The Critical Dilemma Facing Pro-War Libertarians, by Jacob G. Hornberger, 14 Feb 2007
Discusses the contradictions faced by U.S. libertarians and conservatives who endorsed or encouraged imperial and interventionist foreign policies following the attacks of 11 Sep 2001
The critical importance of civil liberties has traditionally been a blind spot for conservatives. Focusing their attention almost exclusively on economic liberties—such as the minimum-wage law, economic regulations, and excessive taxation—they have traditionally denigrated the importance of civil liberties. Their long, brutal war on drugs, for example, has always been accompanied by their mocking of constitutional safeguards pertaining to search and seizure ... For [them], the protections of the Fourth, Fifth, Sixth, and Eight Amendments are nothing more than "constitutional technicalities."
The Death of Politics, by Karl Hess, Playboy, Mar 1969
Discusses libertarianism, contrasting it with both conservatism and modern liberalism, including specific policy differences
It was European conservatives who, apparently fearful of the openness of the Industrial Revolution (why, anyone could get rich!), struck the first blows at capitalism ... It was American conservatives ... who very early in the game ... embraced state regulation for their own special advantage. Conservatives today continue to revere the state as an instrument of chastisement even as they reject it as an instrument of beneficence. The conservative who wants a Federally authorized prayer in the classroom is the same conservative who objects to Federally authorized textbooks in the same room.
The Delusion of Limited Government, by Butler Shaffer, 14 May 2002
Comments on watching the Cato Institute's 25th anniversary dinner in which speakers held up booklets with the U.S. Constitution while complaining that the document had "not restrained the power of the state"
Korzybski’s admonition ["the map is not the territory"] is revealed in the irony that the same words conservatives see as limiting governmental powers, liberals see as providing a means for the expansion of such powers! ... Conservatives continue to wrap themselves up in the kinds of knotted thinking about how the Constitution is what keeps the government from doing all the terrible things that it does. Nevertheless, the harsh reality is that there is nothing the federal government does that cannot be interpreted as being within the meaning of these empowering words!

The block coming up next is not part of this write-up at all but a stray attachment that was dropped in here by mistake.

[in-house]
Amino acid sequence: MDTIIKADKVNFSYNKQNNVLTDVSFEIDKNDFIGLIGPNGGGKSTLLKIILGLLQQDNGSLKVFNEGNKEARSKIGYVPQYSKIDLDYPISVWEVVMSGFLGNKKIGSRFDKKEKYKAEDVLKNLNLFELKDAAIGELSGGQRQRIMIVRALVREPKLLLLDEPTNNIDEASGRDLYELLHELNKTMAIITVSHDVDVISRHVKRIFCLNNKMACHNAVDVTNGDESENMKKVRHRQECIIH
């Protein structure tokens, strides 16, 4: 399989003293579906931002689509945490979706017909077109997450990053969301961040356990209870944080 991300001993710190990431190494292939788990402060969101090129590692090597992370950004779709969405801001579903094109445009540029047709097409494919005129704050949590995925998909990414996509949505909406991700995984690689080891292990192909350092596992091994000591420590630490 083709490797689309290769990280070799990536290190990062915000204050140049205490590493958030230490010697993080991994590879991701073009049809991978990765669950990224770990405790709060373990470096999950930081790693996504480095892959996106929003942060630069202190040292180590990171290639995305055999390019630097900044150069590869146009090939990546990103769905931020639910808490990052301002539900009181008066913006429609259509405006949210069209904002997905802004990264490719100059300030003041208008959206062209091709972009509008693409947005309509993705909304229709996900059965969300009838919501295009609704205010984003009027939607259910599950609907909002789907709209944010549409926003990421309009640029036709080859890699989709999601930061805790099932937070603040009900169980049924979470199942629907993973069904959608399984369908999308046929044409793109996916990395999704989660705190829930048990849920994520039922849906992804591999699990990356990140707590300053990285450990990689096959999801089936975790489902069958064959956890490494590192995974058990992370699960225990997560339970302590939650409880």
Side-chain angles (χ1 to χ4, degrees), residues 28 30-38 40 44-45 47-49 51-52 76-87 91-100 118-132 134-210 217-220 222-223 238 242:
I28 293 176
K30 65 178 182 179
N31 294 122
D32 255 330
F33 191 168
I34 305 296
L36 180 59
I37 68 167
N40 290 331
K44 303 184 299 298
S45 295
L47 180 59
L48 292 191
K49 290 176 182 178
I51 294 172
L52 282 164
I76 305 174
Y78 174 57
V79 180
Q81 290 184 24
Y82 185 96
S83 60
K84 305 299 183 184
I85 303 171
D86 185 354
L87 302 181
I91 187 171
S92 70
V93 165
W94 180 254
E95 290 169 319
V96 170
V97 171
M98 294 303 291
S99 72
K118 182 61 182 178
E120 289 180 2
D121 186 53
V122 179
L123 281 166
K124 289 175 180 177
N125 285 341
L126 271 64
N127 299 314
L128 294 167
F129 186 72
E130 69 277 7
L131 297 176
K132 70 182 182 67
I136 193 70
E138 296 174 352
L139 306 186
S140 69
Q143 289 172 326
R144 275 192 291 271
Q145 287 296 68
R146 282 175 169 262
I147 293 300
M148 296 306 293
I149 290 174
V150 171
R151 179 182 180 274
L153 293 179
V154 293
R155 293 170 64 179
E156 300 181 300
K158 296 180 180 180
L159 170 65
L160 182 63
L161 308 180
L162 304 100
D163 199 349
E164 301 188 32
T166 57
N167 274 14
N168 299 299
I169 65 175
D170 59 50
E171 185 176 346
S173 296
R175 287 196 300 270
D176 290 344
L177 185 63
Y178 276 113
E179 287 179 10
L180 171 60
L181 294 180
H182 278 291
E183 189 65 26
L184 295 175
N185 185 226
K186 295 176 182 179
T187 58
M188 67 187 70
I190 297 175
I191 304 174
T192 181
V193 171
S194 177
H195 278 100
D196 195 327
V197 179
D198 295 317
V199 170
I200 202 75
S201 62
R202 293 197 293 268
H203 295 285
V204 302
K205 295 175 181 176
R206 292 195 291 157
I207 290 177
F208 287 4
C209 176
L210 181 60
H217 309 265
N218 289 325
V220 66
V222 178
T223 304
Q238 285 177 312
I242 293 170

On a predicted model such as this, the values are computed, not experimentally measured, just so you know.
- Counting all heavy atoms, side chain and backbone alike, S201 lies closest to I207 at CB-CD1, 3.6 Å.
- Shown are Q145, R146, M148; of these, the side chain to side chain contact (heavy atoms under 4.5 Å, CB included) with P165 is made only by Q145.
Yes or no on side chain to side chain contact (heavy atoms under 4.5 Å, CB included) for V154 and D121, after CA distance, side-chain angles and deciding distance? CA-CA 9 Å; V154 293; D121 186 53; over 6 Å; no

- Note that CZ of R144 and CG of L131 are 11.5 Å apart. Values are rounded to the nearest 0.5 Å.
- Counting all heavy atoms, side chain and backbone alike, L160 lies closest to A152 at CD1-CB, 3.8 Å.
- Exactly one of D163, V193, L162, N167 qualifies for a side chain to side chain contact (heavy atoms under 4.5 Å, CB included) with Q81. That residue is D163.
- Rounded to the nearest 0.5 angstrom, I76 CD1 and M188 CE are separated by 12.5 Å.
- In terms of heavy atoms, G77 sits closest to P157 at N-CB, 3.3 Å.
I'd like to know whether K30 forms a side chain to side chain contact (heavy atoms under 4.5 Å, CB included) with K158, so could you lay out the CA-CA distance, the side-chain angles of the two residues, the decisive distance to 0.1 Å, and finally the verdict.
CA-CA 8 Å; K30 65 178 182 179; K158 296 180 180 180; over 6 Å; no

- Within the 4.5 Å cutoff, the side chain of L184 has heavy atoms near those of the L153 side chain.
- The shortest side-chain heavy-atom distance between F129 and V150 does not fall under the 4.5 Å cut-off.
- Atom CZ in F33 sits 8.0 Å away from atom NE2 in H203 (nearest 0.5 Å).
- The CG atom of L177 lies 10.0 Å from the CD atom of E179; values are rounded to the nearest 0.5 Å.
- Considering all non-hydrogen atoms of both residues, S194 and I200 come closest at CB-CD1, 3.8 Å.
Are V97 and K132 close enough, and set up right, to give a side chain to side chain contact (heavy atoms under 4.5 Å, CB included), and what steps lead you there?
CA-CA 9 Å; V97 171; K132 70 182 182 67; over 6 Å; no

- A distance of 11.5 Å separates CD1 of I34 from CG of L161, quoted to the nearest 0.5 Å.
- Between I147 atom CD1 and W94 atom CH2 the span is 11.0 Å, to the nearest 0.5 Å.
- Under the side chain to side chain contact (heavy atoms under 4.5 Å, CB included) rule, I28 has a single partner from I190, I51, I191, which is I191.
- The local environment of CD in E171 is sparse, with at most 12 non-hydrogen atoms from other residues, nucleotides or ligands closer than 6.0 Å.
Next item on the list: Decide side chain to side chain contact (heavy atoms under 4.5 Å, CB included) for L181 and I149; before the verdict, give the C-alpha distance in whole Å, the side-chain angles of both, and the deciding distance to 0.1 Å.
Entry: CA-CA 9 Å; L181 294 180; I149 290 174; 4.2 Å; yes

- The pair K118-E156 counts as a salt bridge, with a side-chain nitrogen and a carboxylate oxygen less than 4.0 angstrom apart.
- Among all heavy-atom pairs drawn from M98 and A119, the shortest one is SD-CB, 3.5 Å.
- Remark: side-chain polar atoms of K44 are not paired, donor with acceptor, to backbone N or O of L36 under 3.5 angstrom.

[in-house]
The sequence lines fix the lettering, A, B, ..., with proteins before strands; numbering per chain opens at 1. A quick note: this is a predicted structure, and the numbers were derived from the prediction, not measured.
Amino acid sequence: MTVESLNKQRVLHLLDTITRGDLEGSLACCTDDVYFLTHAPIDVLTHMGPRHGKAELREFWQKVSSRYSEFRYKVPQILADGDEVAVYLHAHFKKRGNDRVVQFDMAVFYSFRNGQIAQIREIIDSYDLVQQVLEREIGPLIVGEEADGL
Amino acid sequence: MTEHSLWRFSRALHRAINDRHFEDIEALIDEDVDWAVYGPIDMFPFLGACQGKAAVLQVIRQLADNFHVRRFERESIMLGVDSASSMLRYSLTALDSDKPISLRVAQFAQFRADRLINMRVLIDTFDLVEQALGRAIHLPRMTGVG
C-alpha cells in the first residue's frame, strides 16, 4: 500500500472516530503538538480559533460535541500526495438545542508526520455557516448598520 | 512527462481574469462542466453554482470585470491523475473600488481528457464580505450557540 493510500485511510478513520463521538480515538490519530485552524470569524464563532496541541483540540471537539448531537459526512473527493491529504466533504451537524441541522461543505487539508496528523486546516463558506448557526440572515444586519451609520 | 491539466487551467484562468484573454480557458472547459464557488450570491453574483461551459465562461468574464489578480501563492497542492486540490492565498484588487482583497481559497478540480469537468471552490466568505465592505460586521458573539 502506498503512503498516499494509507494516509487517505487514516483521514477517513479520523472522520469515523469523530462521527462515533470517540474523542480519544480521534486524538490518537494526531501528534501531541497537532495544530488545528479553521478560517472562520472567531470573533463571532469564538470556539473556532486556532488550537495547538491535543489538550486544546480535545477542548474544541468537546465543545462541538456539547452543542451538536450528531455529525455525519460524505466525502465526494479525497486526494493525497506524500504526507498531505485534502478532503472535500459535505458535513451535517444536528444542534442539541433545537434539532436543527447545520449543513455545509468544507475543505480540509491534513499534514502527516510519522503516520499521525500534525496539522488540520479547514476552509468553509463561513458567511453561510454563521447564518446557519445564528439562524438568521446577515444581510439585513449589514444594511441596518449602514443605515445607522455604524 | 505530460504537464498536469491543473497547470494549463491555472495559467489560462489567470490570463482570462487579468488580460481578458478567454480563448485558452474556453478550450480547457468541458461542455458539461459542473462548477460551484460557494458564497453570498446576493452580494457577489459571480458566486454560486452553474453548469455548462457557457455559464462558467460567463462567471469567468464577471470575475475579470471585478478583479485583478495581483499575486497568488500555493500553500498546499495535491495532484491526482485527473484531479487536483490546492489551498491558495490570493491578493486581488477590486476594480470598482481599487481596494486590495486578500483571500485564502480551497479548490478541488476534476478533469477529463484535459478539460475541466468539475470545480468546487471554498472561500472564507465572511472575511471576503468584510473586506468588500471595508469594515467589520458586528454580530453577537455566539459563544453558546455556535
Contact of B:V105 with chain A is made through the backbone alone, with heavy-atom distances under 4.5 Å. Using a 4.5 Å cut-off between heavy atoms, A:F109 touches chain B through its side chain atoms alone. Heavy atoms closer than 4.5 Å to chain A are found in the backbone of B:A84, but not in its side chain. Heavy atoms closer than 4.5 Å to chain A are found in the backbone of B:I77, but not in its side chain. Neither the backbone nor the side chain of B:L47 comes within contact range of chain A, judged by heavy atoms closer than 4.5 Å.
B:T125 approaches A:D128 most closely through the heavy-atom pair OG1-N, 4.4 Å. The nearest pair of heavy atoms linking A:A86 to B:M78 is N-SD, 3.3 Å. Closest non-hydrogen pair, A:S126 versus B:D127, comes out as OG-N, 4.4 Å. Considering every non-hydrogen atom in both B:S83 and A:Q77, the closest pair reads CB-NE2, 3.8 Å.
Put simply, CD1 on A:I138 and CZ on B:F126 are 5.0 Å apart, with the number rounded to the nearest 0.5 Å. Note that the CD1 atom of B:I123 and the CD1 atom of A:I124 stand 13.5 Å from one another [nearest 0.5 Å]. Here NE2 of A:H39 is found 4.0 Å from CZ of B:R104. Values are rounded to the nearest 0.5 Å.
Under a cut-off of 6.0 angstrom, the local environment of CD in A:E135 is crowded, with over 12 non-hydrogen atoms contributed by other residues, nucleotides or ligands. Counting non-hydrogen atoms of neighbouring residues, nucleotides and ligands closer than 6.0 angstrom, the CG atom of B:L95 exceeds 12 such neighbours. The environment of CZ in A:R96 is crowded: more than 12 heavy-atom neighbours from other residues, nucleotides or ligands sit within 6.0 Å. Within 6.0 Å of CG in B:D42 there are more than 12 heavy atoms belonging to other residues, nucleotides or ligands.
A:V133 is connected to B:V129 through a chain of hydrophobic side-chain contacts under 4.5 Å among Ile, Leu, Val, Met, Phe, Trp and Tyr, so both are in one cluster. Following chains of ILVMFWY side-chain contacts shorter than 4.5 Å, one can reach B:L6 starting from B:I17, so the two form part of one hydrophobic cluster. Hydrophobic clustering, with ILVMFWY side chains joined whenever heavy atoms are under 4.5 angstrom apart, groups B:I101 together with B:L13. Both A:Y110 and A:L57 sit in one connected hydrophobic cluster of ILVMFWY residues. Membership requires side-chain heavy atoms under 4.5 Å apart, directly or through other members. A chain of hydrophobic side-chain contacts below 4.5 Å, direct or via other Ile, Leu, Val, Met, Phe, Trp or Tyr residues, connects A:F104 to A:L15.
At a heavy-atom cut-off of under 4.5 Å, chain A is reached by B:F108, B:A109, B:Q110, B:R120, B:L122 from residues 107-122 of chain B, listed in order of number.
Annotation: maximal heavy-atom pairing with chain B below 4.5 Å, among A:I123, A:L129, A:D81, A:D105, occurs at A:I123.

Epistemology and Politics: Ayn Rand's Cultural Commentary, by David Kelley, Navigator, Dec 2004
Discusses the continued currency of Rand's 1960-1970s writings, citing as examples "Faith and Force: The Destroyers of the Modern World", "Racism", "The Age of Envy" and "The Anti-Industrial Revolution"
Rand predicted that the conservative movement would fail politically, not only for its moral inconsistency but for its equally inconsistent effort to base capitalism on religious faith ... [C]onservatives have wielded substantial power in the last three decades. But they are still offering an apologetic defense of capitalism, when they bother to defend it at all. They have made no serious effort to eliminate the welfare state. And their appeal to religion has become more and more pronounced, not only as a means of getting votes from fundamentalists and evangelicals ...
Garet Garrett (1878-1954) On Empire, by Joseph R. Stromberg, 5 Aug 2000
Biographical and bibliographical essay, focusing on the essays in The People's Pottage
'The Revolution Was' undertook to assess the New Deal. ... This would make an interesting 'text' for our Compassionate Conservatives, who wish to 'conserve' all those things which make up the Negation of American Life. Garrett, by contrast, takes up the posture of a radical conservatism, something which the good social democrats and tame conservatives like Peter Viereck spent the fifties and early sixties telling us just isn't done, old chaps. ... The Depression was the new rulers' great opportunity and they exploited it to the hilt. ... what a wonderful heritage for our GOP protectors to 'conserve'!
Glorious War!, by Joseph Sobran, The Reactionary Utopian, 31 Aug 2006
Discusses how, after the Bush father and son presidencies, the Republican Party and conservatism became associated with militarism and war
This Bush administration has managed to pervert the meaning of conservatism ... It's a grotesque accident of history that [war] should have acquired even a verbal association with the philosophy of conservatism ... Briefly, conservatism is a more or less articulate sense of normality ... Conservatism can tolerate many abnormal things that can't be eliminated from human society, but it doesn't call them "rights" or confuse them with normal things ... [F]ew things are more abnormal than war. So today's alleged conservatives (and especially the misnamed "neoconservatives") are aberrations.